In the wake of two fatal B.C. avalanches involving snowmobilers in the past two weeks, Whistler operators are calling on the provincial government to tighten rules surrounding the sport.
This week, the general manager of Canadian Snowmobile Adventures, the president of Powder Mountain Snowmobile Club and the owner of Blackcomb Snowmobiles all said snowmobilers should have to register their vehicles and obtain licenses.
"There definitely needs to be more legislation," Craig Beattie from Canadian Snowmobile Adventures said Tuesday morning. "The general public can go wherever they want, which is great, but the issue is that some of these guys don't have a clue what they are doing."
When you buy a new car, you need to show your driver's licence and have the car registered, he explained. But if you spend $8,000 on a snowmobile, you can take off with minimal paperwork into the backcountry.
Wearing helmets is not even required in B.C.
Unlike Interior of B.C, few snowmobilers in the Whistler region have encountered avalanches this winter.
Shawn Wilson from Blackcomb Snowmobiles said he can't remember a single snowmobile death in Whistler's backcountry.
But he pointed out many people take their skis and snowboards with them when they head into the backcountry on a snowmobile, which is way more dangerous.
Having a license and registration system would make it easier to educate people on backcountry and avalanche safety, he said.
"I get shocked when I hear about people going back there without backpacks or shovels or transceivers," he said.
"We have more people on the trails and more yahoos who don't understanding they need insurance and are crashing and hitting each other."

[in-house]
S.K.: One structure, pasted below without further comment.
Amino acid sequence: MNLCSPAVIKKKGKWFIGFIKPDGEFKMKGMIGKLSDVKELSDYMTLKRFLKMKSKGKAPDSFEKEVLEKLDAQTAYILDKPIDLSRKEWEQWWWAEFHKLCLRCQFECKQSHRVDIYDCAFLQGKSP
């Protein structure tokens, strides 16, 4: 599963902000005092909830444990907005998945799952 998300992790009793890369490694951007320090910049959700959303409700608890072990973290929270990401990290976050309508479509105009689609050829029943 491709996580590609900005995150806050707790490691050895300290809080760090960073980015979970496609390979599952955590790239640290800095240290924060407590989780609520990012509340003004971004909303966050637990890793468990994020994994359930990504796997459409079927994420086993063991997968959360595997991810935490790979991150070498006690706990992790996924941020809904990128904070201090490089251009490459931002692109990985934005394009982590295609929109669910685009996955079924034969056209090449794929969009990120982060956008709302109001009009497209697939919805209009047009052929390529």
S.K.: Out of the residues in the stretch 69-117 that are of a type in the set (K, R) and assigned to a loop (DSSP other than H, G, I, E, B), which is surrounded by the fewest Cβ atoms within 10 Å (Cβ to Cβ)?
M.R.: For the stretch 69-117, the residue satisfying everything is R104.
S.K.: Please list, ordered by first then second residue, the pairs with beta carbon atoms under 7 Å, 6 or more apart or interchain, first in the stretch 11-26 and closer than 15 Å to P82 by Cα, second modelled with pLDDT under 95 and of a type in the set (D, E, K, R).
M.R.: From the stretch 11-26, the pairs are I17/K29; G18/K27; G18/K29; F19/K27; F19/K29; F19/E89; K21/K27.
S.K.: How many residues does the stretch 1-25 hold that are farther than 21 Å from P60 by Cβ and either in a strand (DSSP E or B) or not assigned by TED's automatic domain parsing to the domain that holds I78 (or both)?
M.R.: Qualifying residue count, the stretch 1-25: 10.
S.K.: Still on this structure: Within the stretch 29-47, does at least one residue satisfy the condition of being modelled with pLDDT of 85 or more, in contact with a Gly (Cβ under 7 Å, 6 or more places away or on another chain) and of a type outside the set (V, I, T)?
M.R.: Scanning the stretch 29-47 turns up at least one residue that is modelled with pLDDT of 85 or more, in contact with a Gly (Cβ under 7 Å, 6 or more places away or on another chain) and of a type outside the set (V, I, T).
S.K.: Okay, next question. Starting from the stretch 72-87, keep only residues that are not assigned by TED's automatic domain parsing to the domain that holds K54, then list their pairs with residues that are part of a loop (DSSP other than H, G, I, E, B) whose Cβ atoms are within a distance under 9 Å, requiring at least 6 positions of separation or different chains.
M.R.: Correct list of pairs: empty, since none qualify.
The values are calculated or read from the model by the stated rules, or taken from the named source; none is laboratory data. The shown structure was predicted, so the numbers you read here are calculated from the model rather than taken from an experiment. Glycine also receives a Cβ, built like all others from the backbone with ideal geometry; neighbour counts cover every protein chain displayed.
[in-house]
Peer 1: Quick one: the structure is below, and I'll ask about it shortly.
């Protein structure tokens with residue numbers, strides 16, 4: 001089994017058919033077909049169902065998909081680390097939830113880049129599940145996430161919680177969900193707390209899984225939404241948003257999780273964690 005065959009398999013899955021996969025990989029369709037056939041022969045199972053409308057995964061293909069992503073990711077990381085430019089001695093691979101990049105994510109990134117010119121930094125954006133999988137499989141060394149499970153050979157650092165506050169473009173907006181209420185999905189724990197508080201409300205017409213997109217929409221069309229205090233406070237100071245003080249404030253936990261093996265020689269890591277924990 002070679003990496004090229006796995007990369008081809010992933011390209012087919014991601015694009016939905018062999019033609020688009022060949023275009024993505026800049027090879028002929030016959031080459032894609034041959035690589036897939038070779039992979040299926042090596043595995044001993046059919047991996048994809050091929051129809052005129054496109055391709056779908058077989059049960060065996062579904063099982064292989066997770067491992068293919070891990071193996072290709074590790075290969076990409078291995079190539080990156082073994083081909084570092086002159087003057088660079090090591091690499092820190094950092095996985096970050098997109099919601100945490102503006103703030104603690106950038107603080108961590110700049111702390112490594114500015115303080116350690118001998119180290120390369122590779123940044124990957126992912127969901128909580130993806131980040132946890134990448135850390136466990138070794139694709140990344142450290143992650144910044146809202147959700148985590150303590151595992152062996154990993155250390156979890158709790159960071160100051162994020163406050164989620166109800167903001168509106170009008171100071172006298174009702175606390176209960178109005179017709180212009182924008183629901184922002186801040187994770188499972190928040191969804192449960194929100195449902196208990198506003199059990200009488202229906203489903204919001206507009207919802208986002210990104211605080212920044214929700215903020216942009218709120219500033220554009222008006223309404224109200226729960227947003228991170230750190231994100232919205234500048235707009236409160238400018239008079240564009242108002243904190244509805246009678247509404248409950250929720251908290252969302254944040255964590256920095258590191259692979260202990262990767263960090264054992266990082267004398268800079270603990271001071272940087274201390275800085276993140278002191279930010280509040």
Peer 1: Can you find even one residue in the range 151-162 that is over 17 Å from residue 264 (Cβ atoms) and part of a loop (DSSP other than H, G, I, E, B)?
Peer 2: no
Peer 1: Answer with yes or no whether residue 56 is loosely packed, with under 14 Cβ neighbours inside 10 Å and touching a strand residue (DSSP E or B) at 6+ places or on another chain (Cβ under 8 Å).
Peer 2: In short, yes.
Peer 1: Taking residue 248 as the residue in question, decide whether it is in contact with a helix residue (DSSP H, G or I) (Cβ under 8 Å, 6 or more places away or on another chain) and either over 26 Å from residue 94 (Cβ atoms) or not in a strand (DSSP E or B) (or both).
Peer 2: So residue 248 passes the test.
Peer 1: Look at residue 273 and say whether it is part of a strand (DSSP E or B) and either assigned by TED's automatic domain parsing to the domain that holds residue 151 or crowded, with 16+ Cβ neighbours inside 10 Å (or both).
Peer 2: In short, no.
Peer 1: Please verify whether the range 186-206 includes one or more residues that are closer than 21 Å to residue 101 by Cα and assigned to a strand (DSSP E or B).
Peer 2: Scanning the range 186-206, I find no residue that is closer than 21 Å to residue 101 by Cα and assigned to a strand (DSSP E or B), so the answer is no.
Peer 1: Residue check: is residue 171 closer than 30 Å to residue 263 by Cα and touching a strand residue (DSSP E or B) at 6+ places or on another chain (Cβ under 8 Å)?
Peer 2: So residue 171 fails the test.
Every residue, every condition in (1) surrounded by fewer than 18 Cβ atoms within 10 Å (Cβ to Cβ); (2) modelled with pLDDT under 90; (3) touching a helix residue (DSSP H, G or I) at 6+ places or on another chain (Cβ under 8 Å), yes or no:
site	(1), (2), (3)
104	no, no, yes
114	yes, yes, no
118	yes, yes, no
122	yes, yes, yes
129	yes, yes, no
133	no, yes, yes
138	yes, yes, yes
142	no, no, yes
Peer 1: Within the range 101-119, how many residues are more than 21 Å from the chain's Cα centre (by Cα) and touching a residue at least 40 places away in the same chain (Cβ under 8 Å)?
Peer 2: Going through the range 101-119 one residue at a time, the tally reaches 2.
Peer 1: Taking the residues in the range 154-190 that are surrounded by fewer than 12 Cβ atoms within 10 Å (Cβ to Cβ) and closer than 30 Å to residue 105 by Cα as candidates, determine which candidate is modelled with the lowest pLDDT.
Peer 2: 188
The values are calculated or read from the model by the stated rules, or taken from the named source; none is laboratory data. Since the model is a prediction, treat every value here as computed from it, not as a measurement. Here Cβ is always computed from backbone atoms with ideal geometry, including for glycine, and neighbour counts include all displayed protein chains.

Earlier this month Solicitor General Kash Heed announced new legislation covering off-road vehicles, including mandatory licensing of snowmobiles, would be introduced by November 2011. Heed made the announcement after a class 3 avalanche struck about 200 snowmobilers on Boulder Mountain near Revelstoke. Two people died and 31 were injured.
Six days later, on March 19, a class 5 avalanche trapped and killed another snowmobiler, also near Revelstoke.
Both avalanches were believed to have been started by snowmobilers high-marking on slopes above the victims.
But Nelson Bastien isn't convinced the government will stick to its word.
The director of the B.C. Snowmobile Federation and president of Powder Mountain Snowmobile Club said the government has dropped the ball too many times in past years to give him any confidence that it is committed to the issue.
"What is wrong here is the B.C. Snowmobile Federation has been lobbying the government for over 10 years to get busy and to get registration and licensing in place for snowmobilers," he said.
Under the provincial government's Motor Vehicle (All Terrain) Act, snowmobilers must technically register their sleds. But little enforcement to date has left current compliance among the snowmobile community strikingly low.
The 73-year-old snowmobiler said his federation has even prepared detailed plans on how to properly implement such a system. If the government wanted to change the rules it could have them in place by tomorrow, Bastien said.
He thinks the policy makers in Victoria are dragging their feet because charging people for registering their snowmobiles and getting licenses would be an unpopular move politically.
Bastien said a license and registration system would also help communicate safety information to snowmobilers. Money collected through licensing and registration could be poured back into snowmobile education programs to further improve safety.
Currently, of the 100,000 snowmobilers in B.C., only about 10,000 are involved in clubs where they can get regular updates. The rest operate in an information void, Bastien said.
"We need registration and licensing on these machines so we can get some funds to further education," said Bastien.
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